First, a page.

Head Chef in the Cafeteria Print
By Brad Miner   
Thursday, 27 August 2009

When I think of Edward M. Kennedy (“Teddy” early on before the more respectful “Ted”), I first think of Terry Malloy, the character played by Marlon Brando in “On the Waterfront.” Kennedy’s brothers got title shots (one was champ), but, like Terry, Teddy got a “one-way ticket to Palooka-ville!” Did he think, I coulda been a contender? Oh yes.

But unlike Terry, Teddy was no bum, and, despite some astonishing missteps, he got to hang out with the punchy Palookas in the World’s Greatest Deliberative Body, that Gleason’s Gym of blow-dried heavyweights, the United States Senate. Indeed, he became the longest-serving senator in Massachusetts history, second-longest in the current Senate (after Robert Byrd, for whom nearly everything in West Virginia is named), and the third-longest since Vice President John Adams pounded the gavel at the Senate’s first session on March 4, 1789. This is remarkable, since in the aftermath of July 18, 1969 the oddsmakers were wagering Kennedy’s political career had sunk as low as his Olds Delmont 88 (and, lest we forget, Miss Mary Jo Kopechne) into that dark Chappaquiddick tidal pool. Mr. Kennedy was thirty-seven when his career died. He announced that he would not seek re-election to the Senate in 1972.

He was reborn when he was re-elected in 1972. Polls overcame his decision to retire to private life, and he never looked back. Questions about his character became moot, and, mirabile dictu, there being no legal consequences following the Chappaquiddick Incident, he found a certain peace in knowing that in congressional wheeler-dealing – as opposed to presidential politics – he was free to be himself without fear of rejection by the voters of the Commonwealth of Massachusetts – ever. Well, he did take a half-hearted shot at the presidency in 1980, but after that he was Senator-for-life. And the Nation’s Preeminent Catholic Politician.

Prior to Roe v. Wade, Ted Kennedy had not been a staunch advocate of abortion rights. Quite the opposite. As Anne Hendershott wrote earlier this year in the Wall Street Journal, two years before Roe Kennedy “was still championing the rights of the unborn.” But as his thinking evolved (he earned a 100 percent pro-choice rating from NARAL), you could pretty much take the Church’s position on a given moral issue and reliably predict that Kennedy’s advocacy would be in opposition to it. Same-sex marriage? Kennedy votes yea. Pro-life candidates for the Supreme Court (Rehnquist, Bork, Thomas, Roberts, and Alito)? Kennedy votes nay. (In fairness, he did support Antonin Scalia in 1986.) Adultery? Well, let’s not forget that Miss Kopechne (She-Who-Must-Not-Be-Named in stories about Teddy’s death), whom Kennedy said he was escorting to her hotel, had left the party where they’d been without either her purse or her room key. Divorce? He left his first wife in 1983.

All this may be entered – and surely is – in the Book of Life against his salvation, but there were things about the man that even his most vocal opponents found endearing. Orrin Hatch (R-UT) described Kennedy as “like a brother to me,” and John McCain (R-AZ) called Kennedy a “skillful, fair, and generous partner.” He worked with George W. Bush on No Child Left Behind. Upon hearing the news of Kennedy’s death, Mitch McConnell (R-KY) said: “No one could have known the man without admiring the passion and vigor he poured into a truly momentous life.” All true. And, given the family tragedies he endured, one may admire his determination to push on. Plus (politics aside) he was probably our history's most successful Senator.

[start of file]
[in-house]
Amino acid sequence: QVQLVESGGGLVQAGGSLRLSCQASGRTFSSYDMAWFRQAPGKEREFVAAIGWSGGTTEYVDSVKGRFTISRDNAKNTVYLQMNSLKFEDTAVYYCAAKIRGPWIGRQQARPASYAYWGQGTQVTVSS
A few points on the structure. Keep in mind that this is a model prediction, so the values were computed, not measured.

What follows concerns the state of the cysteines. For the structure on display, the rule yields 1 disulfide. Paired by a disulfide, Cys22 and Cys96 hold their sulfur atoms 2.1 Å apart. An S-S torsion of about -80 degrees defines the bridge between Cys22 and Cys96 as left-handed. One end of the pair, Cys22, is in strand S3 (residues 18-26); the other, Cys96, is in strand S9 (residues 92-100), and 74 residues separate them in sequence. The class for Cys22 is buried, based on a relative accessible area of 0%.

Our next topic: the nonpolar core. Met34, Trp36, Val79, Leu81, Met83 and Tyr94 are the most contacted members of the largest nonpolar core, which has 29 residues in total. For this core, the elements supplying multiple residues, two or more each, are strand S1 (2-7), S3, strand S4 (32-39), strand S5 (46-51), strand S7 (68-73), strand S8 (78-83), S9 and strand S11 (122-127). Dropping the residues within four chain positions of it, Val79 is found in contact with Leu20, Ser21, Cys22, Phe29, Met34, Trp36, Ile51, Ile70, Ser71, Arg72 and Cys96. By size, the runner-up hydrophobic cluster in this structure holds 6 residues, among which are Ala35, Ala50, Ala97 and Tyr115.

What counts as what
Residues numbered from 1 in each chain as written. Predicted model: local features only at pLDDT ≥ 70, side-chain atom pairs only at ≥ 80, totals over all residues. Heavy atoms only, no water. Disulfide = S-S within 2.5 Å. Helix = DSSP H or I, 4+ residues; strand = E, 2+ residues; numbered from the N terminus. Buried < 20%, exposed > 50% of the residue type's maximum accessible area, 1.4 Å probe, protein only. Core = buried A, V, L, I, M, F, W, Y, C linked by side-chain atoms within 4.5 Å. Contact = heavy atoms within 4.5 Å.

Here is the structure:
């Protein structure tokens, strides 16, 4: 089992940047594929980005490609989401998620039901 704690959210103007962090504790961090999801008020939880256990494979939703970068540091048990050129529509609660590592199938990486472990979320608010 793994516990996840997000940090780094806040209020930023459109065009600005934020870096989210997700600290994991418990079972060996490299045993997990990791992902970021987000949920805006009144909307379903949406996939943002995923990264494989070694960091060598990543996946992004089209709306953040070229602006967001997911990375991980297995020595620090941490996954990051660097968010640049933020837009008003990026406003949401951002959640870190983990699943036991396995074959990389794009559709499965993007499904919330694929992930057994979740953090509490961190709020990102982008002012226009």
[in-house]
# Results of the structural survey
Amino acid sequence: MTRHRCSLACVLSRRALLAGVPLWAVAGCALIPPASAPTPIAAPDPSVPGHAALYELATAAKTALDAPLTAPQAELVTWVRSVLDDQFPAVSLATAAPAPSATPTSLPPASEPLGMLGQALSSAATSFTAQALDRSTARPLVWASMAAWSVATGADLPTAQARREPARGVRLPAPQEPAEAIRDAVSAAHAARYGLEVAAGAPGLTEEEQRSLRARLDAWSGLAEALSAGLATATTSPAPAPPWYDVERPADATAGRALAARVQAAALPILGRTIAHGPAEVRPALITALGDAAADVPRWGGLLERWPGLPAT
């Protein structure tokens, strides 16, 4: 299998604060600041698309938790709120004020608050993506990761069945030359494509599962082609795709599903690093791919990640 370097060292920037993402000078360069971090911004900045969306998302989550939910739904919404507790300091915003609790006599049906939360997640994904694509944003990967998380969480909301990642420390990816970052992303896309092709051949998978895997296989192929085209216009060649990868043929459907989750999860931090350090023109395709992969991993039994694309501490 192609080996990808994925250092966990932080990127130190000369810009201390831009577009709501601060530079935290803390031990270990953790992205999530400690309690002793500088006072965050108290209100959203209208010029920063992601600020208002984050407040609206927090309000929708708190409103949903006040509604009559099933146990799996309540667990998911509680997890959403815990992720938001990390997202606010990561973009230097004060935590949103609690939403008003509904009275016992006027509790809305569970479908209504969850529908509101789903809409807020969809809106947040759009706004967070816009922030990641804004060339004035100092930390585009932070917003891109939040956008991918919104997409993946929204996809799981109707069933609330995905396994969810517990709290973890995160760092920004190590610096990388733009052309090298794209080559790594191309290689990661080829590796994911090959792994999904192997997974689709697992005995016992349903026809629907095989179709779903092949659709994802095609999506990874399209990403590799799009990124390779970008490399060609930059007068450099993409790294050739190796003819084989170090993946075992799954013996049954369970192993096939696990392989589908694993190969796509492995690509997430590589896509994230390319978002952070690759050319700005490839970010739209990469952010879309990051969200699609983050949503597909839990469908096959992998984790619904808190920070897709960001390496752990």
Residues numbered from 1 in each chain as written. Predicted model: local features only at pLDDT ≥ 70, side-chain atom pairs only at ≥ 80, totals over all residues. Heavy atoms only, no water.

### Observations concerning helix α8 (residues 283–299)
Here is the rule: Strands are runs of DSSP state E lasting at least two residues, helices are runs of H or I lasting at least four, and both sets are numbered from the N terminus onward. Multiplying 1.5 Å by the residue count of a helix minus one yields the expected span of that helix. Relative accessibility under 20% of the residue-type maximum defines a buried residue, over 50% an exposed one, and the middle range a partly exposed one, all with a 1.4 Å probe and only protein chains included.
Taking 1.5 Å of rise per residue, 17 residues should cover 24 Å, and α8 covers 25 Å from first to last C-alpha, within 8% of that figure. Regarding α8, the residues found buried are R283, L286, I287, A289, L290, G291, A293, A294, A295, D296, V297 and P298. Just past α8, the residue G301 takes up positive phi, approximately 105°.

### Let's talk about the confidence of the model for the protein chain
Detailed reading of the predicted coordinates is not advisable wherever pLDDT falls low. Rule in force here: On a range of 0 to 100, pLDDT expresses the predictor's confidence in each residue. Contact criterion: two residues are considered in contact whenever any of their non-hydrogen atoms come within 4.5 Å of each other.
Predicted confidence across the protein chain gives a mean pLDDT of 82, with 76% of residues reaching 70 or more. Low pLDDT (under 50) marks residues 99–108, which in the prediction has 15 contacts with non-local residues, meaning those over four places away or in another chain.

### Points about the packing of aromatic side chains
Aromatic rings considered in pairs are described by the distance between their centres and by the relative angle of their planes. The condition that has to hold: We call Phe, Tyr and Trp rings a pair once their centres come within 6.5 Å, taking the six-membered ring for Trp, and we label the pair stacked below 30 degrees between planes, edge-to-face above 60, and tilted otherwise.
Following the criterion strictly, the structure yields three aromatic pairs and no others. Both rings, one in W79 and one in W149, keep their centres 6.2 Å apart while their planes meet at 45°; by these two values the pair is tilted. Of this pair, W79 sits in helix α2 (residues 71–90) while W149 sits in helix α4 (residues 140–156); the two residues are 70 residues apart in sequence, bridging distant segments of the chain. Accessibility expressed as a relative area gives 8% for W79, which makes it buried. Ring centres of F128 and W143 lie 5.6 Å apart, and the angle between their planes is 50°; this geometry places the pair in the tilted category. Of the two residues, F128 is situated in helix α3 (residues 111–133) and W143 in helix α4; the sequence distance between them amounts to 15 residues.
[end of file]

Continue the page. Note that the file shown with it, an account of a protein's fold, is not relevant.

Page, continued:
All Catholics should hope that in the end he received the Sacrament of Anointing, and God’s mercy, and that his soul is with Jesus.

Still, as Elizabeth Scalia once wrote about Sen. Kennedy, “the quiet altruism of a public man is always overshadowed by the noise of his sins.”

And those were very public sins, many of which he defended as a Catholic, and the question for the faithful is this: Who other than Edward Moore Kennedy did as much to debase the public understanding of our faith? Or gave, in the technical sense of the term, grave public scandal? Well, there were the pedophile priests and their ecclesiastical enablers, but when Ted Kennedy, John Kerry, Nancy Pelosi, Rudy Giuliani and other dissident Catholic politicians, all of them likely excommunicated latae sententiae (and unrepentant to boot), receive Holy Communion at papal Masses during Benedict XVI’s American visit, less discerning Catholics may be forgiven for supposing that political positions which contradict the Magisterium are nonetheless canonically acceptable. One notes in the encomia that flowed freely after Sen. Kennedy’s death how often writers have referred to his support of “Catholic values.” Even his most ardent admirers would not dare assert that he championed Catholic teaching.

And when I think of Edward M. Kennedy and his legacy, I picture him as the chef de cuisine of cafeteria Catholics everywhere. He was the man most responsible for cooking up, sometimes abetted by clerical sous chefs, the corned beef and cabbage that is served, steaming in over-seasoned political broth, as American Catholicism. His sins were scarlet, but are past. The scandal, however, lives on.

And I recall with both pleasure and pain the image of John Paul II shaking his finger at the beret-wearing, Nicaraguan leftist heretic, Ernesto Cardenal. It’s a pleasant image made painful by my inability to recall any American Catholic priest, bishop, archbishop, or cardinal ever publicly scolding Ted Kennedy.

That said, may he rest in peace.


Brad Miner, a former literary editor of National Review, is senior editor of The Catholic Thing.

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